Jon Kleinberg (Cornell University)
Abstract: As an increasing amount of social interaction moves online, we can use computational ideas to study human phenomena that were once essentially invisible to us: how our social networks are organized, how groups of people come together, and how information spreads through society. We will explore some of the things that we've learned through this computational perspective, including the role of algorithms in shaping our on-line experience, and the evolving nature of social connectedness in the digital age.
Jon Kleinberg is Tisch University Professor of Computer Science at Cornell University. His research focuses on issues at the interface of networks and information, with an emphasis on the social and information networks that underpin the Web and other on-line media. His work has been supported by an NSF Career Award, an ONR Young Investigator Award, a MacArthur Foundation Fellowship, a Packard Foundation Fellowship, a Simons Investigator Award, a Sloan Foundation Fellowship, and grants from Facebook, Google, Yahoo!, the ARO, and the NSF. He is a member of the National Academy of Sciences, the National Academy of Engineering, and the American Academy of Arts and Sciences.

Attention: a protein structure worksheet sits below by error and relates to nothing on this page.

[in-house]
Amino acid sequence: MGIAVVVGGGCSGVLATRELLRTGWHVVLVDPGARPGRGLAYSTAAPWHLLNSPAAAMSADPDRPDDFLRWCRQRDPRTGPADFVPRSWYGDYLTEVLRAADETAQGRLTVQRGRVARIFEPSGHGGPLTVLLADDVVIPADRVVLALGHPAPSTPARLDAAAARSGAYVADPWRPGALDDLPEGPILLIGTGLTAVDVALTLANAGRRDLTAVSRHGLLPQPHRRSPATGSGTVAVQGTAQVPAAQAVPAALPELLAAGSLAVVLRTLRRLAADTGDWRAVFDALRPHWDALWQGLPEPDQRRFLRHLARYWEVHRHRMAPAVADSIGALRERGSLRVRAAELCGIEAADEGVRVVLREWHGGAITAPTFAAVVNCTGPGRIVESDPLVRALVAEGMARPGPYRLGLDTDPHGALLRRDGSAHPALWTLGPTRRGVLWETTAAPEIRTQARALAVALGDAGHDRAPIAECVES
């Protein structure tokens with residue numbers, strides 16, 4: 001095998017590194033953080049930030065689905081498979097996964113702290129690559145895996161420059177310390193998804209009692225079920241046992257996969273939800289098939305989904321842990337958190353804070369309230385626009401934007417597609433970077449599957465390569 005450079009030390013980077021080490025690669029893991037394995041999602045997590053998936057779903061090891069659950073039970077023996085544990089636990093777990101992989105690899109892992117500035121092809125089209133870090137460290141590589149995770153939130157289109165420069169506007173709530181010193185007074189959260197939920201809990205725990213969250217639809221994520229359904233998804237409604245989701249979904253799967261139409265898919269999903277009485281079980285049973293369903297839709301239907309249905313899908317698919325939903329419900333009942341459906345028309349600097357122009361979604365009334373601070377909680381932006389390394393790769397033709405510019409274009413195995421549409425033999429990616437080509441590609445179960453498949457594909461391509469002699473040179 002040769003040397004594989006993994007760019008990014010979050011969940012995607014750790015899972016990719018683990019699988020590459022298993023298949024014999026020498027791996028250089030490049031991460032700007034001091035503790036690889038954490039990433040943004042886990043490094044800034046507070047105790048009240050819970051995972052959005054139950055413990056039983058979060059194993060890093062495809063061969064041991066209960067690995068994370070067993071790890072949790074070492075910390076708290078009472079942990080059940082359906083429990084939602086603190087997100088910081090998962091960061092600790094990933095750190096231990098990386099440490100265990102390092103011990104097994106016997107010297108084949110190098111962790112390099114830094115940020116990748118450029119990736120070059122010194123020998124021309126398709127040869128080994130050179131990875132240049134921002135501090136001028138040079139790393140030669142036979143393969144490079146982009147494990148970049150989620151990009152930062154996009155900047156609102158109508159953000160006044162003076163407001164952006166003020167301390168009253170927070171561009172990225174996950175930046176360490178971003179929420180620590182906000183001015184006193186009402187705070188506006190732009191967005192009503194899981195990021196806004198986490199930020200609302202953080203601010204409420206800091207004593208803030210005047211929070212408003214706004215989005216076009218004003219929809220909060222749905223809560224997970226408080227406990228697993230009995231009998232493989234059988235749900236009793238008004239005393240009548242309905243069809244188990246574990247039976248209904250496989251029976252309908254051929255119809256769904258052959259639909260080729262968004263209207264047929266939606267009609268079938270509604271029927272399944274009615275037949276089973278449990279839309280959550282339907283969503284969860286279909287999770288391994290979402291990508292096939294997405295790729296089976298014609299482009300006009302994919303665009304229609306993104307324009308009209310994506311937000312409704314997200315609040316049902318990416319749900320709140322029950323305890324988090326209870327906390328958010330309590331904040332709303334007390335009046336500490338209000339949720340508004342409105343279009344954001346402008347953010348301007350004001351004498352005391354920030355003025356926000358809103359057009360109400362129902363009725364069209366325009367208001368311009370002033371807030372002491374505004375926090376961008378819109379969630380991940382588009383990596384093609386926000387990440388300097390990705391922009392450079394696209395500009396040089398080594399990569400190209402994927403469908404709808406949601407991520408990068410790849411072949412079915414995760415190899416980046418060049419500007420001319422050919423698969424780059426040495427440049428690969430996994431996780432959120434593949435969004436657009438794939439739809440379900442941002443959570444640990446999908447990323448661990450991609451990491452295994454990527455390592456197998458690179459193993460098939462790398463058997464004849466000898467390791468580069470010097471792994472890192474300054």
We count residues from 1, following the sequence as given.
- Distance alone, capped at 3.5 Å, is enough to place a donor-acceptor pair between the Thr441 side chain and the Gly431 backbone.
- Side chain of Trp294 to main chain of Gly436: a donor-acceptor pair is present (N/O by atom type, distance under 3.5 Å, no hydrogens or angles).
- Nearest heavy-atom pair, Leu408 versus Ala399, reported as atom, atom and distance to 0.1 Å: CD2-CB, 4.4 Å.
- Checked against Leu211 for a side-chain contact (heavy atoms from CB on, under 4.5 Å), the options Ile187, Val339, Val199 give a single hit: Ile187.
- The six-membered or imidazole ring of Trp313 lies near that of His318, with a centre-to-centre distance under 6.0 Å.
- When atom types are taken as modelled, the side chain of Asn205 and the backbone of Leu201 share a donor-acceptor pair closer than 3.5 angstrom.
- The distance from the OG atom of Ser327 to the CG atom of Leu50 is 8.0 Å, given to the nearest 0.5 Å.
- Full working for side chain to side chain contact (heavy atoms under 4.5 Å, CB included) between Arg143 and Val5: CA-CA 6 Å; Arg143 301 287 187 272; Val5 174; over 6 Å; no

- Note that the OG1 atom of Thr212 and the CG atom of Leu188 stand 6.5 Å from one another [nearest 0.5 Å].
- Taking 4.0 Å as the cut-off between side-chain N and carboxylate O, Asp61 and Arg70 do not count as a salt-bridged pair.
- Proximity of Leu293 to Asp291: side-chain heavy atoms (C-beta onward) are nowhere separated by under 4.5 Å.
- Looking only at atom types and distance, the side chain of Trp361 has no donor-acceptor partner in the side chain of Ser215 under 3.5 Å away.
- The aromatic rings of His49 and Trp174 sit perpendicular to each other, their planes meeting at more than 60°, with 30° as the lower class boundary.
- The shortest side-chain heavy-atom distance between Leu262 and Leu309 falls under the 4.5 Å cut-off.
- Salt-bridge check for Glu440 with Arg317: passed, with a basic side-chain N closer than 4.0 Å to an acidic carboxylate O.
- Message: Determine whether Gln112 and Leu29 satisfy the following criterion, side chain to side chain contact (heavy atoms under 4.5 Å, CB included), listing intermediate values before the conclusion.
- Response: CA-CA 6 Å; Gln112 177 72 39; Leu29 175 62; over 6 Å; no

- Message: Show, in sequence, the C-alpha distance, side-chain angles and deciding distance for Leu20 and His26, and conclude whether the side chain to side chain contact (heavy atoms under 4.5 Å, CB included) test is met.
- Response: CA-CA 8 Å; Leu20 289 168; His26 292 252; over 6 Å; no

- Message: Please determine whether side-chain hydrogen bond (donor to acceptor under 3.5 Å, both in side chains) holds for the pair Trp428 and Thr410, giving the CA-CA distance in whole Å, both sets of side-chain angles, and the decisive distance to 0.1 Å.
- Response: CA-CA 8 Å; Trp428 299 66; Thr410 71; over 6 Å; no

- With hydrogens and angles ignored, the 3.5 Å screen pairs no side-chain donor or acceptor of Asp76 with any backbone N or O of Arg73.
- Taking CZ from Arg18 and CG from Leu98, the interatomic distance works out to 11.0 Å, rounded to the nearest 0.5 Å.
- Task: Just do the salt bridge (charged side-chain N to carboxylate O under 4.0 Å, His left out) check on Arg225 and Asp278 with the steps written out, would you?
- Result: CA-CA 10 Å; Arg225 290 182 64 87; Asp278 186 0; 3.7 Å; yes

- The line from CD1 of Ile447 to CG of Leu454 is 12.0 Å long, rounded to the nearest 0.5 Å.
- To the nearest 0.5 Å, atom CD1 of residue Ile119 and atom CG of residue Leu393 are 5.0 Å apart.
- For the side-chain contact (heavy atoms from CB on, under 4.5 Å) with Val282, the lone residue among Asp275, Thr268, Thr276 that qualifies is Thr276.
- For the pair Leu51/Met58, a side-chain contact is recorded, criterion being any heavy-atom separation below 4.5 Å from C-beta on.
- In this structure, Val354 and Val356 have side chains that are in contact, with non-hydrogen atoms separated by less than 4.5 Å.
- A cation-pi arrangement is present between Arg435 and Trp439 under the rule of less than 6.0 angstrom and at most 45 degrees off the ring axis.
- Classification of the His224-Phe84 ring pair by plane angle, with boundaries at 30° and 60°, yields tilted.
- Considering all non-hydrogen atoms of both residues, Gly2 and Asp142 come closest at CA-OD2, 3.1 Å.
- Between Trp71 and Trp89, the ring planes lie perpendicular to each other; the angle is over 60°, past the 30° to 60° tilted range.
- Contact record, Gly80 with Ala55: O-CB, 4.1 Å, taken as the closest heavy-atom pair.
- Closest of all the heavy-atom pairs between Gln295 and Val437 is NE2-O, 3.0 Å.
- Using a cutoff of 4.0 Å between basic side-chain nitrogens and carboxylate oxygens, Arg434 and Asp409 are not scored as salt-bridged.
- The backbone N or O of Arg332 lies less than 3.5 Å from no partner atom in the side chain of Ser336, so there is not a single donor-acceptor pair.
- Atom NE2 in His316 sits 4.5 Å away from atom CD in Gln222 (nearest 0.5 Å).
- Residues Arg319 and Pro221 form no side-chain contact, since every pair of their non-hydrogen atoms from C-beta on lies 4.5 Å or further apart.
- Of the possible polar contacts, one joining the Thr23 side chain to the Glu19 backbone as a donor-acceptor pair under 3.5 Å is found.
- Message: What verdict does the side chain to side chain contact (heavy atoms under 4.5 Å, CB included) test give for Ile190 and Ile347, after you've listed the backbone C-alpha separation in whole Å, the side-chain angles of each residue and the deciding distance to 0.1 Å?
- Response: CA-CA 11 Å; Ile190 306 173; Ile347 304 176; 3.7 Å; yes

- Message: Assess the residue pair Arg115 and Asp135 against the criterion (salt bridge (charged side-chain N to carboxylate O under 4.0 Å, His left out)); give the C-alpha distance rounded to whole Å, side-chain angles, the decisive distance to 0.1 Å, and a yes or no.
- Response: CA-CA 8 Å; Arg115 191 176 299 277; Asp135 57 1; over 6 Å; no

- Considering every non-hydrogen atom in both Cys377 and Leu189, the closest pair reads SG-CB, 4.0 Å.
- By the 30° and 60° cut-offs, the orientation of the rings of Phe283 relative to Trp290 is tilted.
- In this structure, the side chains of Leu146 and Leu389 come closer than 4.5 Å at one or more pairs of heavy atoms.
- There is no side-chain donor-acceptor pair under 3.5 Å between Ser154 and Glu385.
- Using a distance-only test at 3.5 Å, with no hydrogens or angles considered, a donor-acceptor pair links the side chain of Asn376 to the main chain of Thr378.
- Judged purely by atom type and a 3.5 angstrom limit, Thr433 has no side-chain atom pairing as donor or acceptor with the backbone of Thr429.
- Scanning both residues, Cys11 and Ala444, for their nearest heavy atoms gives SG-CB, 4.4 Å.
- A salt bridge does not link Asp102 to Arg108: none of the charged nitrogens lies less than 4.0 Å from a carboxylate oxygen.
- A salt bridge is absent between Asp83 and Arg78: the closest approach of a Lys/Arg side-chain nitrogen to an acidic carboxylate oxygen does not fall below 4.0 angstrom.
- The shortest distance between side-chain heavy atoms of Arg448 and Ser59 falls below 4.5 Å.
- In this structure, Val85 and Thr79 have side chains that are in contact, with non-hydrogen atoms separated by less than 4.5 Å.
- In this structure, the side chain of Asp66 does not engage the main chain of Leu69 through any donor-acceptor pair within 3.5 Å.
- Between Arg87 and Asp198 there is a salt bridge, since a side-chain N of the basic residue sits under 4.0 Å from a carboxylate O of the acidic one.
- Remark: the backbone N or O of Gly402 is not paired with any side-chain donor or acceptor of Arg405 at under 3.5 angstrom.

Theoretically Speaking is a new lecture series highlighting exciting advances in theoretical computer science for a broad general audience. Events are held at the David Brower Center in Downtown Berkeley, and are free and open to the public. No special background is assumed.